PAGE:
This is one of the reasons why, although I can tell the difference between good and bad prose (or what I consider good and bad prose, anyway), bad prose doesn't automatically eject me from a story. If a particular piece of fanfic hits my trope kink buttons? I will put up with all sorts of bad prose. If you're writing giant robots and smashy battles and your female characters don't suck? I will put up with your bad prose. Feed me a story I like--hell, not even a story but a bunch of happy trope kink buttons mashed up together--and I'll keep reading.

That being said, when I was reading slush [1], I would, in fact, bounce stories for bad prose. If I'm recommending something to the editor upstairs, I want the story to be good at both.

[1] I am no longer a slush reader, although I miss it and wouldn't mind doing it again someday.

2. I'm still bitter that real-time strategy completely killed turn-based strategy for the PC. But that may just be because I want to play M.A.X. for the rest of my life. And hey, there's Sid Meier's Civilization: Beyond Earth, even if I expect to cause the planet to die horribly. I've played Sid Meier's Alpha Centauri, but not any of the "regular" Civilization games. And even when I played SMAC, I would do it on one of the easier settings. But that's okay because SMC:BE is now on my hard drive, mwahahahaha.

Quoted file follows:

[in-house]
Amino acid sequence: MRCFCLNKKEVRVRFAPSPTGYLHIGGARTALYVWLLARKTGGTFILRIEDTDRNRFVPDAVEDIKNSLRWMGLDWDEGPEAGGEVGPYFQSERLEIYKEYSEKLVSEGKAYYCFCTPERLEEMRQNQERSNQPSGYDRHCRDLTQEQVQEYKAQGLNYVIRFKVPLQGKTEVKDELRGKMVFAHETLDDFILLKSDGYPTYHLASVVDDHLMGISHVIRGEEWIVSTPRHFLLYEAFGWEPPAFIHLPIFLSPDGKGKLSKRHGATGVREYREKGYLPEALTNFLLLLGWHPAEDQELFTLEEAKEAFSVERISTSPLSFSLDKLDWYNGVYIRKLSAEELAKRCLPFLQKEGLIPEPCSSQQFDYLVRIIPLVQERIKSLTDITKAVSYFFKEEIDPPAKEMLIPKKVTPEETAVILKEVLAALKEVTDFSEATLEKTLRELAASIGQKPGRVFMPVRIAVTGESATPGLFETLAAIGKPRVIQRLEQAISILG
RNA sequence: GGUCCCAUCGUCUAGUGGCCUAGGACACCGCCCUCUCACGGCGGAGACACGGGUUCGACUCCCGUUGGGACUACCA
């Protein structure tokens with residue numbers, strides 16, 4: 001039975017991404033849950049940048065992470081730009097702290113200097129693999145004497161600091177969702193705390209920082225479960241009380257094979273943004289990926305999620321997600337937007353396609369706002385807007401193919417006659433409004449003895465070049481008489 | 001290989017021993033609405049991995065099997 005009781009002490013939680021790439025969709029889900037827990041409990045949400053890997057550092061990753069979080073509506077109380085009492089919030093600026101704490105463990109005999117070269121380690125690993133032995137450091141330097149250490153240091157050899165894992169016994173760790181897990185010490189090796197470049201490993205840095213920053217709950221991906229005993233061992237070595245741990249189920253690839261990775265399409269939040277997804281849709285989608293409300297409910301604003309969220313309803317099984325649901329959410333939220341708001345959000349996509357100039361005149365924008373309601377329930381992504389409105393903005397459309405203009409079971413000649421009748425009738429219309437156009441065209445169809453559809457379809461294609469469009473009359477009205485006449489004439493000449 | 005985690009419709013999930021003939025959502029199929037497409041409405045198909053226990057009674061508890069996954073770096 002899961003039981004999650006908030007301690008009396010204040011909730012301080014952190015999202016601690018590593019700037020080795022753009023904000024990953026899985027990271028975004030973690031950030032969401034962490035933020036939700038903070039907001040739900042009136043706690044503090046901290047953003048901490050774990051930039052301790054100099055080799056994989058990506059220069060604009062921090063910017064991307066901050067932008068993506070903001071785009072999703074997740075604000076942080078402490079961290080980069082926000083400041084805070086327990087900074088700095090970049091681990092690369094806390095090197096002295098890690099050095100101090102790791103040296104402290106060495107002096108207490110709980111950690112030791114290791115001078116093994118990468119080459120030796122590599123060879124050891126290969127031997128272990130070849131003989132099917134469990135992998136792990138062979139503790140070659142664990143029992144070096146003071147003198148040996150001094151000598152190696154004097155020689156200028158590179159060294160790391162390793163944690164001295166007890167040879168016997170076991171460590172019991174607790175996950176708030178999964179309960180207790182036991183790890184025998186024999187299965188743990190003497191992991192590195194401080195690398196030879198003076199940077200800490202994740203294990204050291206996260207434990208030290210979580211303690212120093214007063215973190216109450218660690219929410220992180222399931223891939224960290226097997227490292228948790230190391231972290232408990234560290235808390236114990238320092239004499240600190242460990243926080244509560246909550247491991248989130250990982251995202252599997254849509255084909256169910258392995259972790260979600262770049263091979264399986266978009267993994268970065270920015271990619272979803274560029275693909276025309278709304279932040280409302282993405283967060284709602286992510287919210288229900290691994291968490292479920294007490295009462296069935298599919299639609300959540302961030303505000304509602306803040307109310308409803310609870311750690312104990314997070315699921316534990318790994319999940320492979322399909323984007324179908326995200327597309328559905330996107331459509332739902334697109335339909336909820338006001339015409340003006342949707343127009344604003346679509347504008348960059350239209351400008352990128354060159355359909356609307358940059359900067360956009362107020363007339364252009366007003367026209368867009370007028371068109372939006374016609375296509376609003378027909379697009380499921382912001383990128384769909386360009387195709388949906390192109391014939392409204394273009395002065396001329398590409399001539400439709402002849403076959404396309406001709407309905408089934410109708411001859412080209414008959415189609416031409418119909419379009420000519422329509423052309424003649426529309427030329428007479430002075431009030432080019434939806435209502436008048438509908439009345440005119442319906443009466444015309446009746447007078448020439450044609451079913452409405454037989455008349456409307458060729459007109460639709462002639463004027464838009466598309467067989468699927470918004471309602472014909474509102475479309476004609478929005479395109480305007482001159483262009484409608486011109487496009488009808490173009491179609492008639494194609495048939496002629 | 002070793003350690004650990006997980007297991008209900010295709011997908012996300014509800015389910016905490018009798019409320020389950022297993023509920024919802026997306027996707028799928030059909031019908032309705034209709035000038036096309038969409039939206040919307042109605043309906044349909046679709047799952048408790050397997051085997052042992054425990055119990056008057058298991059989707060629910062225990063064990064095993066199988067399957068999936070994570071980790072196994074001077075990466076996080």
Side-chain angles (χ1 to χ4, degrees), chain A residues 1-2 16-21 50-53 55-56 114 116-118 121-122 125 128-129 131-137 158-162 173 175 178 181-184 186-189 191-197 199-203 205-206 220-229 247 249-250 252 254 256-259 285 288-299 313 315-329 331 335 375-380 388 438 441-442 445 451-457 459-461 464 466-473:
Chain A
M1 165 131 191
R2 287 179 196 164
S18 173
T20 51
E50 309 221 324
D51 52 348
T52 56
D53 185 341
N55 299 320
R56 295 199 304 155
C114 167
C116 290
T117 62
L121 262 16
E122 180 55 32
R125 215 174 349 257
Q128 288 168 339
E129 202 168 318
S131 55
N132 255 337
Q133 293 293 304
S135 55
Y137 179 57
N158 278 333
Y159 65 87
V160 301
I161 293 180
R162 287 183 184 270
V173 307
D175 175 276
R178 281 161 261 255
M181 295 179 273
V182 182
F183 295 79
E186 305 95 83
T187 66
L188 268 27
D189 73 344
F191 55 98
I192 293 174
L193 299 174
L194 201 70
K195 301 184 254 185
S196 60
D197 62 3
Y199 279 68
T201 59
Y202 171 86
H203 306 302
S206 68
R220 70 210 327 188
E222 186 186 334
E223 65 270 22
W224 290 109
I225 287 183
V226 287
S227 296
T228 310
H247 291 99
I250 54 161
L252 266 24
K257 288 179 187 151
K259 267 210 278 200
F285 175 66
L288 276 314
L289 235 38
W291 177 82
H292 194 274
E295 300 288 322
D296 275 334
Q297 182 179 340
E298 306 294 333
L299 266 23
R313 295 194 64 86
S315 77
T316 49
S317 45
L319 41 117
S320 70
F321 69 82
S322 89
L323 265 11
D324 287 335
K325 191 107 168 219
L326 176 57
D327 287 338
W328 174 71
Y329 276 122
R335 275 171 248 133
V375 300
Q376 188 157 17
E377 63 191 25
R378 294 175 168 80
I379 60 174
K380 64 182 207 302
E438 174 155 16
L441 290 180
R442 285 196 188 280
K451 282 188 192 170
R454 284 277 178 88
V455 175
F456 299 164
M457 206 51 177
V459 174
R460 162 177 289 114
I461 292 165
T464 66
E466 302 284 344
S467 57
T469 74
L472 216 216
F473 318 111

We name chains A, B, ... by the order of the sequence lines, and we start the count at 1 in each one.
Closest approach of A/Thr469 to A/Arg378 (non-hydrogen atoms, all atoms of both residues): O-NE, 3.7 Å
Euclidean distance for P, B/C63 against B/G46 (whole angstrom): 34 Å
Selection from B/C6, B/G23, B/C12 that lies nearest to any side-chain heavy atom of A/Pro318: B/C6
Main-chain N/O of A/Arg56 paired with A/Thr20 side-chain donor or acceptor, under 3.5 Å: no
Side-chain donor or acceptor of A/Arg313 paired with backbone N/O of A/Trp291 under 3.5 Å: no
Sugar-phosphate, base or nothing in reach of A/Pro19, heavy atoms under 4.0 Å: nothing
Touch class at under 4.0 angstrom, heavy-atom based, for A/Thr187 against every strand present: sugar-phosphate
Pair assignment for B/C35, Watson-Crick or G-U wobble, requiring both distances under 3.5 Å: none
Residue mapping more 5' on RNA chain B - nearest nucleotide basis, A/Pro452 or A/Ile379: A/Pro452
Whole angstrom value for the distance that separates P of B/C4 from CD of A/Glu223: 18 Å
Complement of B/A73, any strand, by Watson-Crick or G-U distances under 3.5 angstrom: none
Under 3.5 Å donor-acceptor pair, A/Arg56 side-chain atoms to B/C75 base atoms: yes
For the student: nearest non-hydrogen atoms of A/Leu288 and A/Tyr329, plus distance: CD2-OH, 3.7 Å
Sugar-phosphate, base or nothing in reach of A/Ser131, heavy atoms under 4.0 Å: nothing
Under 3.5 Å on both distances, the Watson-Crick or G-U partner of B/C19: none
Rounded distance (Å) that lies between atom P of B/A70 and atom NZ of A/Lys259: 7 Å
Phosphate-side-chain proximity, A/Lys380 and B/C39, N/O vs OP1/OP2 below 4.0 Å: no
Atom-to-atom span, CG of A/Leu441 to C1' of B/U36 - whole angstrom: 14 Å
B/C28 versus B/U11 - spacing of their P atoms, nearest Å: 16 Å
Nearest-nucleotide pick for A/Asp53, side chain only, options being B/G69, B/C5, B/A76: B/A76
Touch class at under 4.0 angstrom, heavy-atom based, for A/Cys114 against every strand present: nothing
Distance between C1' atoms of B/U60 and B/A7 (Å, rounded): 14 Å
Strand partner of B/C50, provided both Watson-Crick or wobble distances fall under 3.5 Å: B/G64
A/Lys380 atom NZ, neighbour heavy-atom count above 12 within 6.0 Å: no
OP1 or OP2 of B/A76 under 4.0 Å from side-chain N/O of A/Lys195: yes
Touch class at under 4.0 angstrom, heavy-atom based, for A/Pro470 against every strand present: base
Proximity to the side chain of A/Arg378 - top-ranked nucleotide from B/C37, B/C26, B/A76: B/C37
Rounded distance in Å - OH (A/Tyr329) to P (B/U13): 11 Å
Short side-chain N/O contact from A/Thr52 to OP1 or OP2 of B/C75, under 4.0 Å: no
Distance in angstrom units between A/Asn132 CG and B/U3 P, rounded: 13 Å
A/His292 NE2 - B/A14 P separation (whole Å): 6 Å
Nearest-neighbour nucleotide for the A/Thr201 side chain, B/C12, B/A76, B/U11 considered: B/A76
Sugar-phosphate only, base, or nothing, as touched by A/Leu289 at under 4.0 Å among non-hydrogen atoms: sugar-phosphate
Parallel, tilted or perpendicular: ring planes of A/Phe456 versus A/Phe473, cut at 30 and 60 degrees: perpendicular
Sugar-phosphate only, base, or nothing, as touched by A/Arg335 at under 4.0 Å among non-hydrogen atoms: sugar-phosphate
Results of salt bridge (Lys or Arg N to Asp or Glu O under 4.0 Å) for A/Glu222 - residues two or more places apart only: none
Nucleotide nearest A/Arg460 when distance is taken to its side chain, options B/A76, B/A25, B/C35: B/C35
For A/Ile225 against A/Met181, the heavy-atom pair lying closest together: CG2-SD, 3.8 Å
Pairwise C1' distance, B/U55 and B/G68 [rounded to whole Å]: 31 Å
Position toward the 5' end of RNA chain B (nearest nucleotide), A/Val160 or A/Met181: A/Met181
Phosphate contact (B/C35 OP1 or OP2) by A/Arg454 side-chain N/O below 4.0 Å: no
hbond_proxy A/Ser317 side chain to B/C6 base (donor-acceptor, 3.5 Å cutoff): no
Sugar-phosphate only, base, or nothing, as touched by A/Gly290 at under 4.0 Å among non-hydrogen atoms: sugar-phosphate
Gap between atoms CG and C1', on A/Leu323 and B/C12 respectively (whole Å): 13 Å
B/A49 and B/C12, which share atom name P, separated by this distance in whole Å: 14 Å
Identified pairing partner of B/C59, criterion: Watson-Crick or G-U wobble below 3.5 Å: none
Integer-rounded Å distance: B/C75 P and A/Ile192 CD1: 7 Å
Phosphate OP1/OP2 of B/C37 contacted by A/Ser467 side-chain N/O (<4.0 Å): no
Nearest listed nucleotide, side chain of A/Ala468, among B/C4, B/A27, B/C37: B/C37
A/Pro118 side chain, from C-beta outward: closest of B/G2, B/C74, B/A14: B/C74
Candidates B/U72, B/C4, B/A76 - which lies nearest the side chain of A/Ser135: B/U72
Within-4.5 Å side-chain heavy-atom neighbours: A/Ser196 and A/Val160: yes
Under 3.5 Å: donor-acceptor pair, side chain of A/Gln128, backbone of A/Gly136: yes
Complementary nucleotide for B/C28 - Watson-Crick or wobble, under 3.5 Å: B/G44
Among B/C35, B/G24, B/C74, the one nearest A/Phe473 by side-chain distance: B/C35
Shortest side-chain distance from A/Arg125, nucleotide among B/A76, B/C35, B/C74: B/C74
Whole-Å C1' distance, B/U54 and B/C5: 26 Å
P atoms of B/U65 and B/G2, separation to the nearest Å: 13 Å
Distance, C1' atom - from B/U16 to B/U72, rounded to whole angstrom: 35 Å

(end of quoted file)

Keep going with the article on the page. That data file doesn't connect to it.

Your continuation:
3. I like Tom Godwin's "The Cold Equations." It's manipulative! Tear-jerking! Sexist in that old-timey way, with the helplessness of the young girl! God knows, I highly doubt Godwin would have described a boy of equivalent age with such doelike innocence and tear-jerkitude, or possibly even used the word "boy" at all. And yet every time I read that damn story, I get to that one line and I cry.

You don't have to tell me all the things that are terrible about the story! I agree with you! I found this essay by Paul Kincaid on the story and his follow-up essay to be very illuminating. And yet, I like the story, in that way that I frequently like things that are not objectively good.

God knows, I cannot call it an unsuccessful story either. I knew the entire plot of the story, and its title, and its author, at least five years before I was able to track it down, from reading sf literary criticism essays that I scraped out of my high school library. (Yes, there were some.) I can mention the story to Joe and he will know what I am talking about. I bet I could start a flamewar about it. (Please not here, or anyway, not while I'm still kind of sick.) I am personally indifferent to the idea of an sf literary canon because I am too lazy to read things for homework because, sorry, I dreamt last week that I had to write an exam for IBH World Literature and I am so done with taking lit courses anymore. But is it a story that I would expect to find litcrit discussion of, skiffily, somewhere? Sure.

4. While I'm at it, I enjoyed slush reading.

I may just not have done it long enough to become completely jaded and cynical about it, though.